Non healthy carbs don't have added healthy minerals and vitamins and on top of that spike your blood glucose. Why does it matter?
After being formed, the glucose goes into the blood stream, and is going to look for a purpose! One of the main functions of glucose is to be used in the chemical reaction that makes ATP. Your body can use all 3 macros for that reaction but carbs are the main one it uses.
What if your body already has enough glucose in it and now you have a bunch of it floating around your blood? It gets stored as fat my friend. Your body is very smart and will store all those extra molecule for future use.
Portion control is critical for this macro. Even more than protein and healthy fats. Nowadays glucose is in so many foods! Any type of processed foods basically has a tons of glucose in it.
Check this out for an amazing post on size control
Let’s get one thing right off the bat: fats are good for you. Yes, healthy, natural fats are very good for you. Fats play numerous roles in the body. Look at this list from https://draxe.com/low-fat-diet-risks/ just to get an idea.
The trick with fats is that they bring in more calories than proteins and carbs:
- Protein and carbs: 4 calories per gram
- Fats: 9 calories per gram
Remember than when the body doesn't need any more calories, it just stores that molecule as fat, whether than molecule is a protein, carb or fat! That's the catch with this macro. Yes it is healthy for you, but because it brings in so much energy, it may cause your body to store that excess energy.
High fat diets are a viable option in my eyes. The biggest mistake I see people do on them is to keep a lot of the other macros as well.
Because fats bring in more calories, they make you feel more full, which is why they are so important to a well balanced meal.
You may of heard the terms unsaturated, saturated and trans fats and how they all have different impact on your health. Here’s a quick guide for you to remember when thinking about these 3 different types:
Unsaturated: They are liquid at room temperature, making their digestion much easer. Typically seen as the healthiest of fats. Comes from natural oils.
Saturated fats: Still healthy but solid at room temperature so harder to digest. Comes from animal products.
Trans: Have been artificially altered to have a longer shelf life, very solid at room temperature and very hard for your body to digest and get rid of, this is the one that causes us more harm than good, avoid if you can!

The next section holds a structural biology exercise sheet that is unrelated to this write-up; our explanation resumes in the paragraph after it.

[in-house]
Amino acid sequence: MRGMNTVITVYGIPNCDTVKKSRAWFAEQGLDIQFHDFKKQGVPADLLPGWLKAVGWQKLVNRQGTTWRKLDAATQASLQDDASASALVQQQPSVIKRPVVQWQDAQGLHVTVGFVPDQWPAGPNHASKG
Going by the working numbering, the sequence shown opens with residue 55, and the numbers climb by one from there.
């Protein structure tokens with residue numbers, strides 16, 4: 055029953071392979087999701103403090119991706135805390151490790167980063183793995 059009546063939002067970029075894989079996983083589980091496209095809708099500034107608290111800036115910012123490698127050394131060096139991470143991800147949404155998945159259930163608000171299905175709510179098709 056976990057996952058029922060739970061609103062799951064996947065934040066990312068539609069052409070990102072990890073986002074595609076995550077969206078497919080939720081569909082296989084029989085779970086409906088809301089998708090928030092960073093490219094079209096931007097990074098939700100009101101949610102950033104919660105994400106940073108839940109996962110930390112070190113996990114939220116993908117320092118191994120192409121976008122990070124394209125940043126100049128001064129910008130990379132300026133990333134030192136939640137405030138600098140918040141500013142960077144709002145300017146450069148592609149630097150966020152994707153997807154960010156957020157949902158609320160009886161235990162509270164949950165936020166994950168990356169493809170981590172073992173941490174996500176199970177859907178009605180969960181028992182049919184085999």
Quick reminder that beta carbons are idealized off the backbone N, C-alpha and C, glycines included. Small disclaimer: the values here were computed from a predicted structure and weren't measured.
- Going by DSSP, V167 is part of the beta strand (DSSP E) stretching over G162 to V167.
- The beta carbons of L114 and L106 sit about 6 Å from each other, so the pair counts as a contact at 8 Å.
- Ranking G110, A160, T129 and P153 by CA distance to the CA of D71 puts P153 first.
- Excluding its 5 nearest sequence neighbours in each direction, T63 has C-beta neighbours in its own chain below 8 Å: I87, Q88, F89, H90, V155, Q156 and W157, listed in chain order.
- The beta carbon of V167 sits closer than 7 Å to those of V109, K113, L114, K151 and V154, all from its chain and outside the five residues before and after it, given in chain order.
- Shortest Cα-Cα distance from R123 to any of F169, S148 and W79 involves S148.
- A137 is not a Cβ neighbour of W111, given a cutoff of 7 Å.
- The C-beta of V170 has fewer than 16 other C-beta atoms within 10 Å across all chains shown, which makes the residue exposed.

Image from https://draxe.com/low-fat-diet-risks/
Contrarily to popular belief, alcohol doesn't stall weight loss by itself. As long as you drink it in moderation, you are in the clear. I wrote a whole post about it here that has a lot more detail on the issue.
If I can summarize that post for you very briefly, it would be that alcohol doesn't bring a whole lot of nutritional benefits to the table and even prevents your body from burning fat while the substance is in your body. Not a big deal if you keep it under control. I enjoy a glass of wine or 2 or 3 on a weekly basis. I only completely go sober when I am in contest prep and even then it's only in the last few weeks when the dieting becomes extremely important.
What I’m hoping you’re getting from this is that there is no best way to eat. It depends on so many factors that are unique to you. All that’s required is a little understanding on how macros and calories work.
Last side note
A few people have asked me why is it that on food labels, the macros amount don't match the amount of food listed. For example, you have 100g of chicken and the label will read:
- protein: 31g
- carb: 0g
- fat: 3g
That only adds up to 34g!! What about the other 66g? The answer is actually surprisingly simple: it's water and all the collagen (tendon and ligaments) that make up all the extra, useless stuff.
Clem Fitness Inc.
Clem Fitness is a personal training service based out of Vancouver, BC. Our area of expertise are muscle definition, weight loss, fitness plans designed to fit in your lifestyle and nutrition counseling.